ALASKA— On Feb.2, National Oceanic Atmospheric Association fisheries announced the denial of a request from six Alaska entities to eliminate Chinook salmon bycatch in the Bering Sea Pollock fishery.
They also requested the implementation of a hard cap on chum salmon bycatch because it doesn’t meet the necessary criteria for implementing an emergency rule.
Petitioners asked commerce Secretary Gina Raimondo to close the Bering Sea Pollock fishery this year. In addition, they requested tribal consultations with western and interior Alaska tribes to develop long-term measures to reduce chum salmon bycatch, an effort that NOAA Fisheries said is underway.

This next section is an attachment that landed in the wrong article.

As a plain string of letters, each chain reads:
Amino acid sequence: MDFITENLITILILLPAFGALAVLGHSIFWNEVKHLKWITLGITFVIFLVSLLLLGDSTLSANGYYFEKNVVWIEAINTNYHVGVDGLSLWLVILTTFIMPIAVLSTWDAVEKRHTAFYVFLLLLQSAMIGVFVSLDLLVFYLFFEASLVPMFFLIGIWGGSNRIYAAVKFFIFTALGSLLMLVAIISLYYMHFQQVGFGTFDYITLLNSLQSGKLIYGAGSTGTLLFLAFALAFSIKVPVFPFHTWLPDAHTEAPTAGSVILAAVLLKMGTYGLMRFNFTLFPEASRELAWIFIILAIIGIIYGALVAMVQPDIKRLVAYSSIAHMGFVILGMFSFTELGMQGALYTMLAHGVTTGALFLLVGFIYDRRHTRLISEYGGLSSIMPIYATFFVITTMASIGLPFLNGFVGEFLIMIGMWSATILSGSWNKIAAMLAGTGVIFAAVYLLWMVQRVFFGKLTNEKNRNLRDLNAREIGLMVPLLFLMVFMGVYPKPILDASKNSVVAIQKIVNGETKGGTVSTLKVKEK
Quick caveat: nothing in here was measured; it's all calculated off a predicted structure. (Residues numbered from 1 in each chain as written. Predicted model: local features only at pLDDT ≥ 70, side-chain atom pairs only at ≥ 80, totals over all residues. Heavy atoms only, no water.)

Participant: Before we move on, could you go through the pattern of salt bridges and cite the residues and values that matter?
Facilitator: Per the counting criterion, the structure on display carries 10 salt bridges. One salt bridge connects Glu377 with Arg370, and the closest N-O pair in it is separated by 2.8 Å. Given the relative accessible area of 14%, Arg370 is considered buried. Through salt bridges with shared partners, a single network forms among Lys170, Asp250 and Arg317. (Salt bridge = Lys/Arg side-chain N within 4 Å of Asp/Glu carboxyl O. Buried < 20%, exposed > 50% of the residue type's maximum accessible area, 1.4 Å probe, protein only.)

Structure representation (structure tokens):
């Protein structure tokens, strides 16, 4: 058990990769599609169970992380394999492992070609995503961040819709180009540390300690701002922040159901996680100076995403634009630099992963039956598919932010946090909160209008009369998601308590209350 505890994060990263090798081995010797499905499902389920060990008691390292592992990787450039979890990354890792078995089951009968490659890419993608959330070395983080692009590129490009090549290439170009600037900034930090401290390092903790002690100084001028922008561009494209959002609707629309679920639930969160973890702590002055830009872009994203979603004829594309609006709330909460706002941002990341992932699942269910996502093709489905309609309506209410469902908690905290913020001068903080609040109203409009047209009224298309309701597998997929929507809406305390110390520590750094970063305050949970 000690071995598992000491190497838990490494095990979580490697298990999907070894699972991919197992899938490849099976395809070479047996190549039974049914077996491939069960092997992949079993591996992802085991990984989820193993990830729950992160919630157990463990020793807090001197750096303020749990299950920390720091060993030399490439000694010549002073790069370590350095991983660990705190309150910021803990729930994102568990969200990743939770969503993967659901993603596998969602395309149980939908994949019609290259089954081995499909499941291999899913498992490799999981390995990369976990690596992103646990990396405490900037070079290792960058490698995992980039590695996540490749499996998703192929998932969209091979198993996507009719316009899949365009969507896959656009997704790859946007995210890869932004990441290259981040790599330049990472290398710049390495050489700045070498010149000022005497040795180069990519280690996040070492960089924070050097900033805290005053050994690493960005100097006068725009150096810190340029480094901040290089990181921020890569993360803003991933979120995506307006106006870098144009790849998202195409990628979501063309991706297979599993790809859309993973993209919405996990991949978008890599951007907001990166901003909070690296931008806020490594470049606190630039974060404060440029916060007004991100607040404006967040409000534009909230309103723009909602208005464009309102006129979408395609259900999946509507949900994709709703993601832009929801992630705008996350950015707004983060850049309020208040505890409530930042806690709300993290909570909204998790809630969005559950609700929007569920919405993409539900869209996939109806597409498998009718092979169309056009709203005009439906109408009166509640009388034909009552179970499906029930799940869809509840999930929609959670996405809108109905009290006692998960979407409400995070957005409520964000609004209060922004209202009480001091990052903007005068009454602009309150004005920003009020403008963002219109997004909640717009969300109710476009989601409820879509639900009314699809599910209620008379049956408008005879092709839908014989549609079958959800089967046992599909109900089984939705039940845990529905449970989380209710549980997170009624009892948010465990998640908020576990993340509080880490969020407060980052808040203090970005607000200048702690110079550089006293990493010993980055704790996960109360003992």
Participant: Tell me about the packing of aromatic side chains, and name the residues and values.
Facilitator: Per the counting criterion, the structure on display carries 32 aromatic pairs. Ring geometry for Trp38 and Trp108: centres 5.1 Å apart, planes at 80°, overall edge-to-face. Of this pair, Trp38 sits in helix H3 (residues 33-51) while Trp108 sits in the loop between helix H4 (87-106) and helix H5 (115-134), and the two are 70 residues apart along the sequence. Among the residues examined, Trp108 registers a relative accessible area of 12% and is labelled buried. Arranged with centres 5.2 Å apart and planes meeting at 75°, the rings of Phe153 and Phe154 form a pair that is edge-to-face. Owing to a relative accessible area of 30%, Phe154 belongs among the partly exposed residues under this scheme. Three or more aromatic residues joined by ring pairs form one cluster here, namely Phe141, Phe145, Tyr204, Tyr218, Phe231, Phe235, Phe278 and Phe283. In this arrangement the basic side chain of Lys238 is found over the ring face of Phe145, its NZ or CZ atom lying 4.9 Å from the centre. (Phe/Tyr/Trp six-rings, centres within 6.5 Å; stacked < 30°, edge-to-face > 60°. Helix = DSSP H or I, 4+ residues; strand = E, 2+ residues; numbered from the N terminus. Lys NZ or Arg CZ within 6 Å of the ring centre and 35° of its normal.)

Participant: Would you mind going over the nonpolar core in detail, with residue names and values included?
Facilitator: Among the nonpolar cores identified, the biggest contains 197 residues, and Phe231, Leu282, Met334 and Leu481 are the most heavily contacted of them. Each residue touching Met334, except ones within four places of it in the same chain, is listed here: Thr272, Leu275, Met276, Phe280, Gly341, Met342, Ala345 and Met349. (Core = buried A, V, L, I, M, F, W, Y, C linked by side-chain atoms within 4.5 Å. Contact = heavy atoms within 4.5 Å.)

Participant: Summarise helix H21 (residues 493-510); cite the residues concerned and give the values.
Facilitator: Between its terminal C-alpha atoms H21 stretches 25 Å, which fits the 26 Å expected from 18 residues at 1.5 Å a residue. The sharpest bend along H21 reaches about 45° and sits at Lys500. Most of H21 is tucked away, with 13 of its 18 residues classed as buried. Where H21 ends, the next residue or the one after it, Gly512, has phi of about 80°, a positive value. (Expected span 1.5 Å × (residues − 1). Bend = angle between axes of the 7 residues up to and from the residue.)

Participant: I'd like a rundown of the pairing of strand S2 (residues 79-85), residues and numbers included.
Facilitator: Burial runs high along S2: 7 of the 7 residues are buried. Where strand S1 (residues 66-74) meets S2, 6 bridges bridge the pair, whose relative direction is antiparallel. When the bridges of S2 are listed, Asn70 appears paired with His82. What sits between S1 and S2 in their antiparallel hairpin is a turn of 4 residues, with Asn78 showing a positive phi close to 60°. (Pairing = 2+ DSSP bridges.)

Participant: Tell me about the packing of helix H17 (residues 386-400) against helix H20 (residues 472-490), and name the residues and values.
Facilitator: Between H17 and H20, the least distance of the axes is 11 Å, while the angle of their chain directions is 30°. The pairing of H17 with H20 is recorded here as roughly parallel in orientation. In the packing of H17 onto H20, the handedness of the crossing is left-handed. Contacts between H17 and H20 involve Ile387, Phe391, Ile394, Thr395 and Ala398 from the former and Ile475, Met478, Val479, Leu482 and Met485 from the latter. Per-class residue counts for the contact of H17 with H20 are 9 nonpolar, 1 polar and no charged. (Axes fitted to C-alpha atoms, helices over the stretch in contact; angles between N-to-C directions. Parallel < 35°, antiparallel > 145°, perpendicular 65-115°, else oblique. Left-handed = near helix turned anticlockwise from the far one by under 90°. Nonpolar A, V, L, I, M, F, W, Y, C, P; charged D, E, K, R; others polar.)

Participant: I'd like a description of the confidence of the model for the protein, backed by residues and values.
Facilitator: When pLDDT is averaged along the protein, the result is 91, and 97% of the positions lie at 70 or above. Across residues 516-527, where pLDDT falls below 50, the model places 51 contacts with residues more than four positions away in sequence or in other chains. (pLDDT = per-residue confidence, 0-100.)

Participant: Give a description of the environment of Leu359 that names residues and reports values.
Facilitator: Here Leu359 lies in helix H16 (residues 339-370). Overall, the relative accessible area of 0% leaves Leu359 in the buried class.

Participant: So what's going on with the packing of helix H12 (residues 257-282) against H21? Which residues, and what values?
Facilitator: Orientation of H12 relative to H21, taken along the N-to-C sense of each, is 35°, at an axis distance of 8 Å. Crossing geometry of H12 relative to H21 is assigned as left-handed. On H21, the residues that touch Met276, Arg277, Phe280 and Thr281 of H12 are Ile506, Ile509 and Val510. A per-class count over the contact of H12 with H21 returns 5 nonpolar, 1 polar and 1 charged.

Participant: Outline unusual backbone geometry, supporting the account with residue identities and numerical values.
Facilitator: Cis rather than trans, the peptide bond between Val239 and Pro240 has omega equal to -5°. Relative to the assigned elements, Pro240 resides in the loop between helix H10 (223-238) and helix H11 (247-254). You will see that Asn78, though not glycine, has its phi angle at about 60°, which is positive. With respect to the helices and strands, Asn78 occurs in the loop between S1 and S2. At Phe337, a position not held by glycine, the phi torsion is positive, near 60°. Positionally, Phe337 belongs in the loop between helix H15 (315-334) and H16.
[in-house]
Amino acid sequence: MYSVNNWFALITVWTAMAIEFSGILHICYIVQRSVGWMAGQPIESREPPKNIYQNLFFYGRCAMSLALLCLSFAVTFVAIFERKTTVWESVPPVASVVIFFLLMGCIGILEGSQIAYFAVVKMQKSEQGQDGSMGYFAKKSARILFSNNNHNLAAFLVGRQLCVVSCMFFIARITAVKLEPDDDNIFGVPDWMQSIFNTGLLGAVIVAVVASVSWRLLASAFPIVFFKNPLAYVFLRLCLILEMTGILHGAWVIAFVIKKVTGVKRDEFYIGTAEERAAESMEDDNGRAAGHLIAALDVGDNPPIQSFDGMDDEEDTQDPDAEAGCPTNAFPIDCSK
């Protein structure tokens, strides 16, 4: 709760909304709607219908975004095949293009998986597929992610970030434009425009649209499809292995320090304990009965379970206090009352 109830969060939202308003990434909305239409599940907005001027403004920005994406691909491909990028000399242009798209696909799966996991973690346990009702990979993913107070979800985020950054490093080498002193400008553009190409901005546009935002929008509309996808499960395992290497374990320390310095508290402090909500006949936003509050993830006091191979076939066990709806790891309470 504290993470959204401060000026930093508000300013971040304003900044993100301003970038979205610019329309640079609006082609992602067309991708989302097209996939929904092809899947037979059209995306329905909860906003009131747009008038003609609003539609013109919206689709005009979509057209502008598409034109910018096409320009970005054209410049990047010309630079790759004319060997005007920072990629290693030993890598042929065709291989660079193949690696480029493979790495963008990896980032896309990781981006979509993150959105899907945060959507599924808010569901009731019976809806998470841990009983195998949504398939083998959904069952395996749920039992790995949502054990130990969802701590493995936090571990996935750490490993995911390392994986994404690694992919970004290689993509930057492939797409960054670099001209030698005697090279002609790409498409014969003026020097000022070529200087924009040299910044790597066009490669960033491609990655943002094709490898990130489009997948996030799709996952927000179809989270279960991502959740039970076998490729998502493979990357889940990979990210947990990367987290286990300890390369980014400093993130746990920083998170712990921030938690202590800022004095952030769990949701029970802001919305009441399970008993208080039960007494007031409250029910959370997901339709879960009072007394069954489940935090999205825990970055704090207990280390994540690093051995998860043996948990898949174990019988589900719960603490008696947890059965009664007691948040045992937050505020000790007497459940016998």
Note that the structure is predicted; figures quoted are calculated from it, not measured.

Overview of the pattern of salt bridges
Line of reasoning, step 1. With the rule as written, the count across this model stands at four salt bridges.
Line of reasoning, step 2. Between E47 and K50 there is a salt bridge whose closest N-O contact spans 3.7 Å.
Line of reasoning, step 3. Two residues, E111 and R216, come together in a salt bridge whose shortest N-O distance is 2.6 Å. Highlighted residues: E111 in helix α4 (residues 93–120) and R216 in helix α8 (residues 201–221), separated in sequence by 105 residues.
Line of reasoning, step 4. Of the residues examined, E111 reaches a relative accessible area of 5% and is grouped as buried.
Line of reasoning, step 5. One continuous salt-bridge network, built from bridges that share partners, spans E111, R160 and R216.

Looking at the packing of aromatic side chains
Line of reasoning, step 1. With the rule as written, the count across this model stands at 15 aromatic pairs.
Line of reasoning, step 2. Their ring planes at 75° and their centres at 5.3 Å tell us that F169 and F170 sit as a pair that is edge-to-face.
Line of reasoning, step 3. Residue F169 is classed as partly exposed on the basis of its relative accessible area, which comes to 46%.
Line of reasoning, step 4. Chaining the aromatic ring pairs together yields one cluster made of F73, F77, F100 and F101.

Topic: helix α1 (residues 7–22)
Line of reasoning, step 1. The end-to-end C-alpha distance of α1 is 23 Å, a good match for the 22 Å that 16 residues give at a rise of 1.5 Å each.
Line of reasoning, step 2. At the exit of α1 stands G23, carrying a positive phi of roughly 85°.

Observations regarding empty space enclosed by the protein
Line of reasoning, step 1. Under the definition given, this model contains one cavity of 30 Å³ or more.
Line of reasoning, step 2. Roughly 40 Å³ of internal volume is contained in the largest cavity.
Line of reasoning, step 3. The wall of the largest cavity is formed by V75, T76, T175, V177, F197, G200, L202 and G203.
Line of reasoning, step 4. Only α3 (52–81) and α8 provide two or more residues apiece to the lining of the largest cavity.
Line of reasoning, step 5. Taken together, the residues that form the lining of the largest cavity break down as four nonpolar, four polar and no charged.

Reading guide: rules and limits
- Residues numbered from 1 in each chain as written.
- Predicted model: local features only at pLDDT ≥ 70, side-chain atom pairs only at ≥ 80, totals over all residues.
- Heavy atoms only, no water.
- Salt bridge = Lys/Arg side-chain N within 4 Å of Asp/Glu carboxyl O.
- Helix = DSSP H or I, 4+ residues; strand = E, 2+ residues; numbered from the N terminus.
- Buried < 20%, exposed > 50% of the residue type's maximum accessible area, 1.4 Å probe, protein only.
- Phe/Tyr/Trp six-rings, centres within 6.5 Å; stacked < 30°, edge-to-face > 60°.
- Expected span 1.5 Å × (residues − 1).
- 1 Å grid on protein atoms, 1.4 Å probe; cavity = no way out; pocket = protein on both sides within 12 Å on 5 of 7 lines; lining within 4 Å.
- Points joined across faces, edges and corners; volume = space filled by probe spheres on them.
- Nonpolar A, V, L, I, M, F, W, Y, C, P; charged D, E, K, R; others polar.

The agency said the petition did not contain information indicating it meets all Magnuson-Stevens Fishery Conservation and Management Act requirements.
In addition, the petition did not include information indicating the petitioned action is “practicable,” a statutory requirement, nor was the requested action likely to address the emergency from salmon run failures in western Alaska.
NOAA officials said that the best available scientific information indicates that those river failures resulted from broad changes to the marine and freshwater environment.
NOAA Fisheries did acknowledge residents of western Alaska have endured significant cultural and economic losses due to low Chinook salmon runs since 2008.
More recently, the 2021 Chinook and chum salmon failures in the Yukon River. As a result, no commercial or subsistence harvests were allowed on the Yukon River in 2021. However, they said they would continue to consult with tribes in western and interior Alaska to develop long-term solutions to minimizing salmon bycatch and the North Pacific Fishery Management Council and other stakeholders on bycatch issues.